Monday, 24 June 2013

Bachmann on the Brink?

Regular readers - and anyone interested in literature who lives in a German-speaking country - will be familiar with the Ingeborg Bachmann Prize. In a nutshell, it's Austria, Switzerland & Germany's Got Literary Talent. Four days of readings by mostly emerging writers and discussion by critics, broadcast live on Austrian TV. Only now Austrian TV seems to have got cold feet, after twenty-five years.

Various reports explain that the national Director General of ORF made a brash statement that they would no longer broadcast the competition next year, before actually informing the regional director in Carinthia, where the Bachmann Prize event takes place. ORF spends €350,000 on it, while the city of Klagenfurt donates €60,000. The mayor has said Klagenfurt can't afford to step in either. Apparently, the public broadcaster is having to implement major cuts because of a change to the funding process, and look what goes first - the arts.

There have been various enraged reactions. As previous winners point out in Focus magazine, the competition has made many a literary career. One of the critics judging in Klagenfurt for the past few years, Hubert Winkels, has written a hyperbolic defence of the competition in Volltext magazine. It's essential to broadcast it live, he says, because of the tension that creates and the attention it commands, spreading the prize's fame to all corners of the German-speaking world (you can watch ORF in Germany and Switzerland as well as Austria). What he doesn't mention is that it used to have an even further reach, with the entries and the website translated into seven European languages. When the sponsor jumped ship last year, the translation programme was abandoned. The longstanding organiser also moved on to a different position at ORF last year, although she was tight-lipped about the reasons. Winkels is a great one for exaggerating literature's importance; last year he claimed at an event that arts criticism is just as important to Western civilisation as representative democracy. Here again, he overstates his case: the competition should be put under United Nations protection, he says. I'm not at all sure he's joking.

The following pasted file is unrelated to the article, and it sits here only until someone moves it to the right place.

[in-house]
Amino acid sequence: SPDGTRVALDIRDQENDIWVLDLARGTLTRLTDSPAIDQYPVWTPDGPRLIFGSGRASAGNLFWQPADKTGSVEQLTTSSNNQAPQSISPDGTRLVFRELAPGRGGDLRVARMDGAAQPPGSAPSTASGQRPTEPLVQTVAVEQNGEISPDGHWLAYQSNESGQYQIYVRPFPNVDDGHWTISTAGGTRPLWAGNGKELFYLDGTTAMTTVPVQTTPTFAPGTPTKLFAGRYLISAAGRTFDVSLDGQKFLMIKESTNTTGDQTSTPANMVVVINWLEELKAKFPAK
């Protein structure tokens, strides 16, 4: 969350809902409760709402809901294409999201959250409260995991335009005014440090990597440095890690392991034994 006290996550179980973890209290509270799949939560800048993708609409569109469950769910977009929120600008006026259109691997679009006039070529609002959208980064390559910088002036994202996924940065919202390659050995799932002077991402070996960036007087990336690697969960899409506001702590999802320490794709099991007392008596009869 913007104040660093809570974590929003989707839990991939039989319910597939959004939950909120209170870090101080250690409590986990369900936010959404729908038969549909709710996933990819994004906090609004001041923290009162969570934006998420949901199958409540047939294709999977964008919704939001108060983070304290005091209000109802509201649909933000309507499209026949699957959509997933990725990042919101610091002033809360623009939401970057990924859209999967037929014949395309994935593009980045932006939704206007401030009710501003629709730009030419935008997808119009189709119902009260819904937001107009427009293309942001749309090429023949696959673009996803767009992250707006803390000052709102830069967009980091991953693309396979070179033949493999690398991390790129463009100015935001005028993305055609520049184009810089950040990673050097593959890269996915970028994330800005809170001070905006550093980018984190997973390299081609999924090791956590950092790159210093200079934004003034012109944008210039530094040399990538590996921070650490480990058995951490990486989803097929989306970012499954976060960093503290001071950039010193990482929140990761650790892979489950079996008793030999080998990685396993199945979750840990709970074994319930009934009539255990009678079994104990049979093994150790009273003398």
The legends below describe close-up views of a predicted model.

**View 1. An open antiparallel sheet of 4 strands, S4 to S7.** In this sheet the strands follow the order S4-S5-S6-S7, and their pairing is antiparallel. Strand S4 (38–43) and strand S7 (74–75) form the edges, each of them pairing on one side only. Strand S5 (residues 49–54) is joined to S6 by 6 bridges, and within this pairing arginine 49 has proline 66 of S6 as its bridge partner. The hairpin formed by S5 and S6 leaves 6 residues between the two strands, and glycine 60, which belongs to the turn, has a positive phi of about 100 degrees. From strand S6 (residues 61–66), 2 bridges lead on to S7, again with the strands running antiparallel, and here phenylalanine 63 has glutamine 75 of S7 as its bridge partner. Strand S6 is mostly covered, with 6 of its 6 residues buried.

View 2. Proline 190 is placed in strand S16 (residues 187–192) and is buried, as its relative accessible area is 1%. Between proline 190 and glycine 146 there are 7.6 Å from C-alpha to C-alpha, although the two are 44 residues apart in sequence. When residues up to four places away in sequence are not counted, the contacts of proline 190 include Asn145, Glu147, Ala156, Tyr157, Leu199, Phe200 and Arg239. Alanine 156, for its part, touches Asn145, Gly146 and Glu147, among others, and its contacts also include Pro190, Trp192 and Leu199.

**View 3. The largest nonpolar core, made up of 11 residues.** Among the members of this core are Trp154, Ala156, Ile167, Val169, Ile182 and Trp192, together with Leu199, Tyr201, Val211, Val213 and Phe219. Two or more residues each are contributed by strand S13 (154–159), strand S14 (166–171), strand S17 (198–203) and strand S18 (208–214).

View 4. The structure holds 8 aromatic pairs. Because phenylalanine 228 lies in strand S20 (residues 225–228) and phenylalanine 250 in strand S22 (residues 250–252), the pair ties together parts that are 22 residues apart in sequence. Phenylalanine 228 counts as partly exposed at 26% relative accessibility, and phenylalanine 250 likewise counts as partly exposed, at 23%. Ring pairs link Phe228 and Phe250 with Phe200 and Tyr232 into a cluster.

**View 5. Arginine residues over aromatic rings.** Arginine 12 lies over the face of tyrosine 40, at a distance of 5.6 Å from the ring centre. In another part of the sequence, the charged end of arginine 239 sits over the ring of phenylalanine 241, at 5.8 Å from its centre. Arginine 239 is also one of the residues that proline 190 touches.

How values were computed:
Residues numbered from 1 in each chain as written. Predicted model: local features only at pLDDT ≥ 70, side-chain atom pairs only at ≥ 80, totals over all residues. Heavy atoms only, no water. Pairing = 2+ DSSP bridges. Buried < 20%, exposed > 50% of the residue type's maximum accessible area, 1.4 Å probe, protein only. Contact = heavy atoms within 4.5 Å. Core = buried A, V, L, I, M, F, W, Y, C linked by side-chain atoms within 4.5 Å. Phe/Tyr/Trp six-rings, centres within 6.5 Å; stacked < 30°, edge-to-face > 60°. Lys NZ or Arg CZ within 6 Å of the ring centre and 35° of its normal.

I've never attended the competition in person, although many people do - giving the city a large influx of visitors and also showing a different side to a place rather tainted, let's say, by its association with right-wing populism. I'd also say this kind of culture tourism is a major boon for Klagenfurt and ought to be worth more than €60,000 (I wonder, for example, how much funding Berlin's international literary festival gets from the city). But of course the TV broadcast is nothing less than essential for the prize's prestige. Fourteen people reading in front of an audience of a couple of hundred is kind of lame in comparison. Over the past few years people have had a lot of fun with social media around the Bachmann Prize, commenting on Twitter, Facebook, blogs, etc. But even if the competition were to continue with a livestream, not being on TV would lose it a huge audience.

Let's hope they get the situation sorted out somehow. As Winkels says, it is a unique event and it would be sad to see it fade into obscurity.

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